The Glute Ham Raise is one of my top choices for wrestlers for strengthening the hamstrings/glutes (the famous “Posterior Chain”).
In fact, I like it so much, I’ve already written a post about it- Glute Ham Raise post.
In the post I detail some alternatives to the GHR, since it’s not a common piece of equipment in most commercial gyms.
However, what I don’t do in the post is go through how to progress the exercise. So that’s why I’m sitting at my computer typing away today.
How To Perform
The first part of the exercise is first learning how to use the GHR. For many people, it can be somewhat of a strange exercise. As a result, I’ve seen one very common breakdown in technique (primarily the result of a lack of experience).
The most common issue I see is only moving from the hips:
This is the most common issue I’ve seen when teaching people how to use the GHR. It’s primarily the result of a combination of two things.
First, most people are used to having their legs anchored while performing 45-degree back extensions. Because of this, they tend to initially treat the GHR the same way (by locking their lower body into place).
Second, there is sometimes a bit of fear associated with driving out to perform the exercise. Don’t feel like you’re being a wimp or anything, the fear is totally normal. I mean think about it- doesn’t your body naturally try to avoid falling/pain?
See, it’s not your fault so blame your body’s instincts!
Anyway, here’s what I’ve found to be the best way to learn how to perform a GHR:
It’s the same way I feel is the best way to teach someone to squat– simply get familiar with the bottom of the exercise.
Usually once the person is comfortable with the bottom position, they’re good to go.
However, if they don’t have the strength to return (as indicated by the video below), you’ll need a spotter to help. By the way, this is the most common breakdown in technique I see once a wrestler is able to get to the bottom of the GHR.
Here’s how a spotter can help you build your strength to perform unassisted GHRs.
Don’t be ashamed or embarrassed if you need a spotter. It can be a tricky movement for some people.
For example, when my brother first started doing these, he needed a lot of help just to complete 5 reps. Keep in mind that he was deadlifting over 500 pounds at the time, so it’s not like his hamstrings weren’t strong!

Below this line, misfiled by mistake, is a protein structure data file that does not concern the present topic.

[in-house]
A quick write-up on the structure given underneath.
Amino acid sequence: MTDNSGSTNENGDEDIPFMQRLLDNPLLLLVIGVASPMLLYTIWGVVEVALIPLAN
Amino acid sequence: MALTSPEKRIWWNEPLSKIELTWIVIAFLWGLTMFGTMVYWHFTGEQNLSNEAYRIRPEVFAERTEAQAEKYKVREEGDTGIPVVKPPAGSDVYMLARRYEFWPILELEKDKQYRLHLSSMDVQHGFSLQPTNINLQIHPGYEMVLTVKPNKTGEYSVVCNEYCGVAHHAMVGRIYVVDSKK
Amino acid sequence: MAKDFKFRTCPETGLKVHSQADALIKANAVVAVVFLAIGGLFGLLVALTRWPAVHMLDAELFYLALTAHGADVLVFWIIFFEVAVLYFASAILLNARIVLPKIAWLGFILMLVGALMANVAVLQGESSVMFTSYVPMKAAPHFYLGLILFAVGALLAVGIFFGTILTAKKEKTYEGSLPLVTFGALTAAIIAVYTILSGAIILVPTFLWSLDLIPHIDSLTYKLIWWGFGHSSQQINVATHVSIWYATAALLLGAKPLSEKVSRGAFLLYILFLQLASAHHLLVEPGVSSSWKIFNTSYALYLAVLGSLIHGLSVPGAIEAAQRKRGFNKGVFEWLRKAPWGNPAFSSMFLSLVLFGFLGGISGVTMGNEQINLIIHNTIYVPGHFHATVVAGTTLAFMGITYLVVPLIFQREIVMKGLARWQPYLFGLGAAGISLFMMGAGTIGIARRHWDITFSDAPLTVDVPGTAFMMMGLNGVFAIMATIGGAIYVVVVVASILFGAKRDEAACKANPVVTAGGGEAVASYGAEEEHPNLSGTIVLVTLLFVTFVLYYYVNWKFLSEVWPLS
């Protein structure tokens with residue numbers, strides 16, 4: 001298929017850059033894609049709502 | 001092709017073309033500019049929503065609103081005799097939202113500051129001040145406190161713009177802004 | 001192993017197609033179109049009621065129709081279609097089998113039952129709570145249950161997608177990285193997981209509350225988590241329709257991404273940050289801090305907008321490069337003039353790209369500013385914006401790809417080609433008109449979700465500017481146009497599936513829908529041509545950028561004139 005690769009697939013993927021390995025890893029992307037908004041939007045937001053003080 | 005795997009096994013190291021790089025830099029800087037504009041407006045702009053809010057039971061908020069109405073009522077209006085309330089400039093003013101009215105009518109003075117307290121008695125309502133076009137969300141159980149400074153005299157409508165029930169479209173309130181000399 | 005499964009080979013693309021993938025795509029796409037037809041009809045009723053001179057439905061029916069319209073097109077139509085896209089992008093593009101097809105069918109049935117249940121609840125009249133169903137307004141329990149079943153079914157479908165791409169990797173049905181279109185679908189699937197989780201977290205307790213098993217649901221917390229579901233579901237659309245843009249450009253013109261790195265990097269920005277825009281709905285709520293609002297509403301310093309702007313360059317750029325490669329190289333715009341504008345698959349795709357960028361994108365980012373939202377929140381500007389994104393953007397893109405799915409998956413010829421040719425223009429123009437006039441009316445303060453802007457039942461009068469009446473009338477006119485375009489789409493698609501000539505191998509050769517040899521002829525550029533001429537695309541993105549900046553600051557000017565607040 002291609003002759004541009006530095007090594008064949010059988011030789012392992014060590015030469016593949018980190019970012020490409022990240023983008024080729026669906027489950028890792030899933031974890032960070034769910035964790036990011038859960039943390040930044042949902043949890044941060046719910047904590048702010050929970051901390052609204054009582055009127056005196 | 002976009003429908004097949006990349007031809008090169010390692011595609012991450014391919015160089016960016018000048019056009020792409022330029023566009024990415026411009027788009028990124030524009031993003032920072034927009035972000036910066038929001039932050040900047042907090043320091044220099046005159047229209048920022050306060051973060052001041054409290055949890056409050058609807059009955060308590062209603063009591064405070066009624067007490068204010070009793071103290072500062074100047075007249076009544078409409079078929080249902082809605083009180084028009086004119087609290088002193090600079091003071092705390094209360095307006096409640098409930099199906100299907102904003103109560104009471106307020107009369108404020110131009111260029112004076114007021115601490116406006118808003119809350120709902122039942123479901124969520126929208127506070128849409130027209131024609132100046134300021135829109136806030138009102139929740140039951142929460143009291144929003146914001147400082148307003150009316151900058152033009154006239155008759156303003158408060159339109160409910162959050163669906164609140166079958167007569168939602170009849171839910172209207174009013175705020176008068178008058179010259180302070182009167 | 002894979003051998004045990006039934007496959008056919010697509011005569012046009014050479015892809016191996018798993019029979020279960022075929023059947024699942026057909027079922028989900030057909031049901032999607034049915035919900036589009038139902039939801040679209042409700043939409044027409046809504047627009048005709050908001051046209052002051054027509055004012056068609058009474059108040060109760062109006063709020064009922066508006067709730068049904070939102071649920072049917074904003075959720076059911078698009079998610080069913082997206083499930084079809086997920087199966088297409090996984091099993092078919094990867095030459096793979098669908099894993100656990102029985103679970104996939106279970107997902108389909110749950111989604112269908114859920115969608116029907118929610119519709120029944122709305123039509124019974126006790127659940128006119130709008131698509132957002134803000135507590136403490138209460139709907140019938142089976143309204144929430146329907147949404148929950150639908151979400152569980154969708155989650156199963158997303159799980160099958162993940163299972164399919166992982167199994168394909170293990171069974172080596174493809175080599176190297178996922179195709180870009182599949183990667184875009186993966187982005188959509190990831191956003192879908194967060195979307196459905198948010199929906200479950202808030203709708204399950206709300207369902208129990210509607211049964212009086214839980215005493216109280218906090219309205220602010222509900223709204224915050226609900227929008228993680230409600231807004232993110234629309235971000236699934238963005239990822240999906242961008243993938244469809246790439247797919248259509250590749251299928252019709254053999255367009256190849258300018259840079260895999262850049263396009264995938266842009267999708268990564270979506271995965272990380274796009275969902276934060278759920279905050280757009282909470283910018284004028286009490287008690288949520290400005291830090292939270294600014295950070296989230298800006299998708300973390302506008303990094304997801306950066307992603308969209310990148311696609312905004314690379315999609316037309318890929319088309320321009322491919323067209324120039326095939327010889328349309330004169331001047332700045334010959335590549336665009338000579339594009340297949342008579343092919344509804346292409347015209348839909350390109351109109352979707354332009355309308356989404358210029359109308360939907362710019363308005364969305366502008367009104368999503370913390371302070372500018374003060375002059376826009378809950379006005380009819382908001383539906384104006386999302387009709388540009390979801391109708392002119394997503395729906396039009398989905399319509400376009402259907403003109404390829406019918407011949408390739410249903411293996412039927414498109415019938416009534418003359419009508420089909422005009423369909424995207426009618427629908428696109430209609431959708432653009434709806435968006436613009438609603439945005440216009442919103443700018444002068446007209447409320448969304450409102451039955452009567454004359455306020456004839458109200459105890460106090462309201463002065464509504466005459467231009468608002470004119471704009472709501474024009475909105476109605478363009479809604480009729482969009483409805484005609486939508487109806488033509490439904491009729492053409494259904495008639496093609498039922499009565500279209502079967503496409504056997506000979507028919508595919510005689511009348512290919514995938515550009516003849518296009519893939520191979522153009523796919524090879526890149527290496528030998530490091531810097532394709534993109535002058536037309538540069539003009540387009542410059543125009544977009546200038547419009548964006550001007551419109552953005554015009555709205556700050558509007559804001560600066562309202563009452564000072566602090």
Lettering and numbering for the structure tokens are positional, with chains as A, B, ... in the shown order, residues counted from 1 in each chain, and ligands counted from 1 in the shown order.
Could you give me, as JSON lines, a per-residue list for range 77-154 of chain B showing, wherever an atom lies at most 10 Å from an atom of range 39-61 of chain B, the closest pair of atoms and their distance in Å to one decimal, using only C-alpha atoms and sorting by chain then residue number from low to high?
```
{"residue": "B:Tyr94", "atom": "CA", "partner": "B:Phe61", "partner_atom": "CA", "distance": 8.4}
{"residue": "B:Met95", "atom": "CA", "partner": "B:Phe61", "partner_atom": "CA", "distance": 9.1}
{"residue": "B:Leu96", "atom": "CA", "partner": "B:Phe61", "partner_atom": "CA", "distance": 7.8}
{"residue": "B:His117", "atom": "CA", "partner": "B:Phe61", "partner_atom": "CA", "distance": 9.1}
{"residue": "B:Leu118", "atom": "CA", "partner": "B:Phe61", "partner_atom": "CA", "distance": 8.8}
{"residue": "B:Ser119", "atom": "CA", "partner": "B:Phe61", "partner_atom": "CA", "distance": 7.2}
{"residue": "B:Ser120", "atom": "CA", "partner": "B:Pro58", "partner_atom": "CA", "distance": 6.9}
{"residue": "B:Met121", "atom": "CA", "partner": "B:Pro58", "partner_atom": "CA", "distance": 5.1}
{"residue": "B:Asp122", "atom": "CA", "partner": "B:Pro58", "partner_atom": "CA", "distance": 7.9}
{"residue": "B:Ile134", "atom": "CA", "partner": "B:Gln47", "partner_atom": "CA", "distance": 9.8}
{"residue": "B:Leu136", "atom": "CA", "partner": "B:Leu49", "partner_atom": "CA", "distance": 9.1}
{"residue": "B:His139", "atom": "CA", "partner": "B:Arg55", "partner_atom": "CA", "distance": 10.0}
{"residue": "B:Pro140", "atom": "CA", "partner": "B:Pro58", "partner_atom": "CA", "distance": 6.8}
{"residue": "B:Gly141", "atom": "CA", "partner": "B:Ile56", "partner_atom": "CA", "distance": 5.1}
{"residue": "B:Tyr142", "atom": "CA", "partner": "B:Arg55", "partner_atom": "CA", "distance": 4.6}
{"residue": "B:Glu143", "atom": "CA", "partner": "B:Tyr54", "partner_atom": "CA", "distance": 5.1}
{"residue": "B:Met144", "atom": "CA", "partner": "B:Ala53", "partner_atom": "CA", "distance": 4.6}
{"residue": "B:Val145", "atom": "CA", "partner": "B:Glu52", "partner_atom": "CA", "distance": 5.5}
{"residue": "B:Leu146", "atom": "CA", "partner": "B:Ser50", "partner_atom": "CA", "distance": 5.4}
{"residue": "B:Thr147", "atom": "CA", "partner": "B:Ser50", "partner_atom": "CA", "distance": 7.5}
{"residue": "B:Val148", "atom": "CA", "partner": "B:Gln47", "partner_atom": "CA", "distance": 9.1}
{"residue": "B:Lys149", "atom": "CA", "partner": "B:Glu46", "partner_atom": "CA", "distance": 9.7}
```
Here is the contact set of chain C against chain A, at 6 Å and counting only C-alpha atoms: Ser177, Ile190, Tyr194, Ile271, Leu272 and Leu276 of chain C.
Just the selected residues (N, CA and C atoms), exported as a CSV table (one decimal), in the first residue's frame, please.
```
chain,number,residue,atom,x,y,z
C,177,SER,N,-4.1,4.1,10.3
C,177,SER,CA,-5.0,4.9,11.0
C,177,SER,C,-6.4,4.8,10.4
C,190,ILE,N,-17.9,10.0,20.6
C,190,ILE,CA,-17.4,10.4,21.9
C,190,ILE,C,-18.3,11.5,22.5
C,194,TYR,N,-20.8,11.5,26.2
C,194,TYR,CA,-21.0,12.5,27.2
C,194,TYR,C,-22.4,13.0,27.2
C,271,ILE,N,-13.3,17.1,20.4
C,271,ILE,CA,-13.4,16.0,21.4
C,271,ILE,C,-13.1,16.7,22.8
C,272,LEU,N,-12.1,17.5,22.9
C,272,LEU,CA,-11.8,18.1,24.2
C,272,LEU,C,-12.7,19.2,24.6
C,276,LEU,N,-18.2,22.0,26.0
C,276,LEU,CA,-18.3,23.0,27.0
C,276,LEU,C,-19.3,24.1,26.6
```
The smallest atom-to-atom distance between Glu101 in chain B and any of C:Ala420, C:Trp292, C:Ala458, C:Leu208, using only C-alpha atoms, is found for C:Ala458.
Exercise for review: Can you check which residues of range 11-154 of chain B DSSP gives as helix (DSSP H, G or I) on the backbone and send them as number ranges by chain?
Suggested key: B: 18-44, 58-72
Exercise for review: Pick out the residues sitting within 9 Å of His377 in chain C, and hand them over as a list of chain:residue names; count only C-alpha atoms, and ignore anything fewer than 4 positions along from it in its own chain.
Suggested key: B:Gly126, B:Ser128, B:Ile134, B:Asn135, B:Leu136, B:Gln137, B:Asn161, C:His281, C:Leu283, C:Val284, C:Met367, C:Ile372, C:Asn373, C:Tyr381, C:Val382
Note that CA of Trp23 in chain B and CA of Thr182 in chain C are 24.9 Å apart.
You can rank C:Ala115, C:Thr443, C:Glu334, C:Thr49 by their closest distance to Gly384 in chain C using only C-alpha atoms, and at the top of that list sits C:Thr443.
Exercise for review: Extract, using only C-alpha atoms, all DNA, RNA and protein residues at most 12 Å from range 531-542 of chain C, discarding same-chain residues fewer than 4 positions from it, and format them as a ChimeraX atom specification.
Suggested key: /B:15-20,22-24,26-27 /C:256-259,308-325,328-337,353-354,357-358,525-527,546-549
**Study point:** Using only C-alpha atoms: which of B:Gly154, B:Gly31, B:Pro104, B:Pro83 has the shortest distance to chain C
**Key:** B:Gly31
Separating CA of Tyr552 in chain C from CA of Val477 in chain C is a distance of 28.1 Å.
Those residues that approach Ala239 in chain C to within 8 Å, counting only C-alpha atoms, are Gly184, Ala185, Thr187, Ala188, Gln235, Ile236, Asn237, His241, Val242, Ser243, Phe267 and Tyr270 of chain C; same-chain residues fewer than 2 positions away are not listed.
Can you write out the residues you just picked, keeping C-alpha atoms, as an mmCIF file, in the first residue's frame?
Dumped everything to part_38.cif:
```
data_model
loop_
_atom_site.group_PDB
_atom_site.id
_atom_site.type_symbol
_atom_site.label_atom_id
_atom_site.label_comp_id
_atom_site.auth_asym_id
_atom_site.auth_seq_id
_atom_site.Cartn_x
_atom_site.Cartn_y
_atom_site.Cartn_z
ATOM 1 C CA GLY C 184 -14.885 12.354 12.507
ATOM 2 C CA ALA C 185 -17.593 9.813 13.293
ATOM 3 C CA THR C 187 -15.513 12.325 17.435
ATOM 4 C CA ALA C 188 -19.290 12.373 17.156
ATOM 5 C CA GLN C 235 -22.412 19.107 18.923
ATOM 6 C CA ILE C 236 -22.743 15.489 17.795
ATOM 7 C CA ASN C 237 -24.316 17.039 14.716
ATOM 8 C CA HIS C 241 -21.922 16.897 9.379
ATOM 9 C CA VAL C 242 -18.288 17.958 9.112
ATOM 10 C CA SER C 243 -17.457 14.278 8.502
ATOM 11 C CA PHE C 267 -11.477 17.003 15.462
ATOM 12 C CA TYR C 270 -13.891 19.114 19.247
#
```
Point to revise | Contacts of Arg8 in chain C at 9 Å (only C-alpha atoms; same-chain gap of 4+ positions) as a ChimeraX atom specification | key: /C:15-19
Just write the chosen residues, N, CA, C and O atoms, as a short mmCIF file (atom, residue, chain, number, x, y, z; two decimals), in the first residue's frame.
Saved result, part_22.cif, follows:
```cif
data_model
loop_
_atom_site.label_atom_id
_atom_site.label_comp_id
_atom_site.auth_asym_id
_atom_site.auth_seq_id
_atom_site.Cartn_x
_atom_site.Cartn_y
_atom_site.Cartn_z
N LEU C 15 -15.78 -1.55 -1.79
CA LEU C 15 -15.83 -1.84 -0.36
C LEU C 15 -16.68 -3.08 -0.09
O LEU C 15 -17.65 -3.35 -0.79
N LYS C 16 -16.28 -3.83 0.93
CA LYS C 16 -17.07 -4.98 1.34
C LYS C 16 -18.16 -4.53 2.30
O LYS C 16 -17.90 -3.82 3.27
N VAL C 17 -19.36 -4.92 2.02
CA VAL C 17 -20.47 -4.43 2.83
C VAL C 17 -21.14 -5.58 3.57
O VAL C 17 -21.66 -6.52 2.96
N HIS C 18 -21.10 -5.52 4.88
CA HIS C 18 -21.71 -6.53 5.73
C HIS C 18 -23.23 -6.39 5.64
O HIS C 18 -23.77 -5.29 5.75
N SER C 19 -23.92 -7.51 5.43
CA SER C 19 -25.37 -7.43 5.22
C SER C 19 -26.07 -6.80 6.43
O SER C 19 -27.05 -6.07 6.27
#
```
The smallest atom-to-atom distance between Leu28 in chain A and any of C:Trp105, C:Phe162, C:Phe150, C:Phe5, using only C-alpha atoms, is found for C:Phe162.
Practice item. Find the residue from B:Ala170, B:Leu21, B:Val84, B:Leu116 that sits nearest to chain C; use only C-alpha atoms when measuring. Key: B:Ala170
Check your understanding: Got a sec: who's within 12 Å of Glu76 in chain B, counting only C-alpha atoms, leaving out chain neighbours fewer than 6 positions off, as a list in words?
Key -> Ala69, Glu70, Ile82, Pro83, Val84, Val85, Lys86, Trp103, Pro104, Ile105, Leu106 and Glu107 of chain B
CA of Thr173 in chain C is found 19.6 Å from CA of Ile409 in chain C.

Meanwhile, when I had my 62-year-old mother do these for the first time, I only had to help her a little for the first couple weeks before she could perform sets of 10 unassisted reps.
Anyway, now that I’ve gone over the initial things to focus on, here’s how to progress the exercise once you have a good base to work from.
Progression 1- Hand Placement
The first way to progress the GHR is simply where you hold your hands.
Holding them across your chest makes the exercise easier.
Whereas placing your hands behind your head makes the exercise slightly more difficult.
Mastering this version of the GHR is paramount before progression (although that can be said for any of the progressions).
Once your technique is consistent and you’re confident with your ability to perform GHRs with your hands behind your head, you’re ready to move on.
Progression 2- Weight
The next progression is to add weight behind your head.
I’d never suggest holding a plate or dumbbell across your chest. I don’t want to get into the biomechanics behind it all so just know that holding the weight behind your head is harder and it’s easier to measure progress.
Here’s a picture of me holding a dumbbell behind my head:
Again, make sure your technique stays consistent and there aren’t any breakdowns as you move up in weight.
Eventually you will become strong enough where holding a dumbbell behind your head becomes a pain in the ass.
That, my friend, is why you are ready for the next progression.
Progression 3- Bands
Like I said above, eventually it will become too difficult to hold a dumbbell behind your head (usually once you get to around a 50-pound dumbbell).
It’s at that time that you’ll want to progress to bands:
Although you can measure the band tension, simply keeping track of the bands you’re using and looking to increase the tension you’re using is ultimately what you should be looking to do.
After all, you’re lifting to get stronger, and using more resistance for the same workload is, by definition, getting stronger.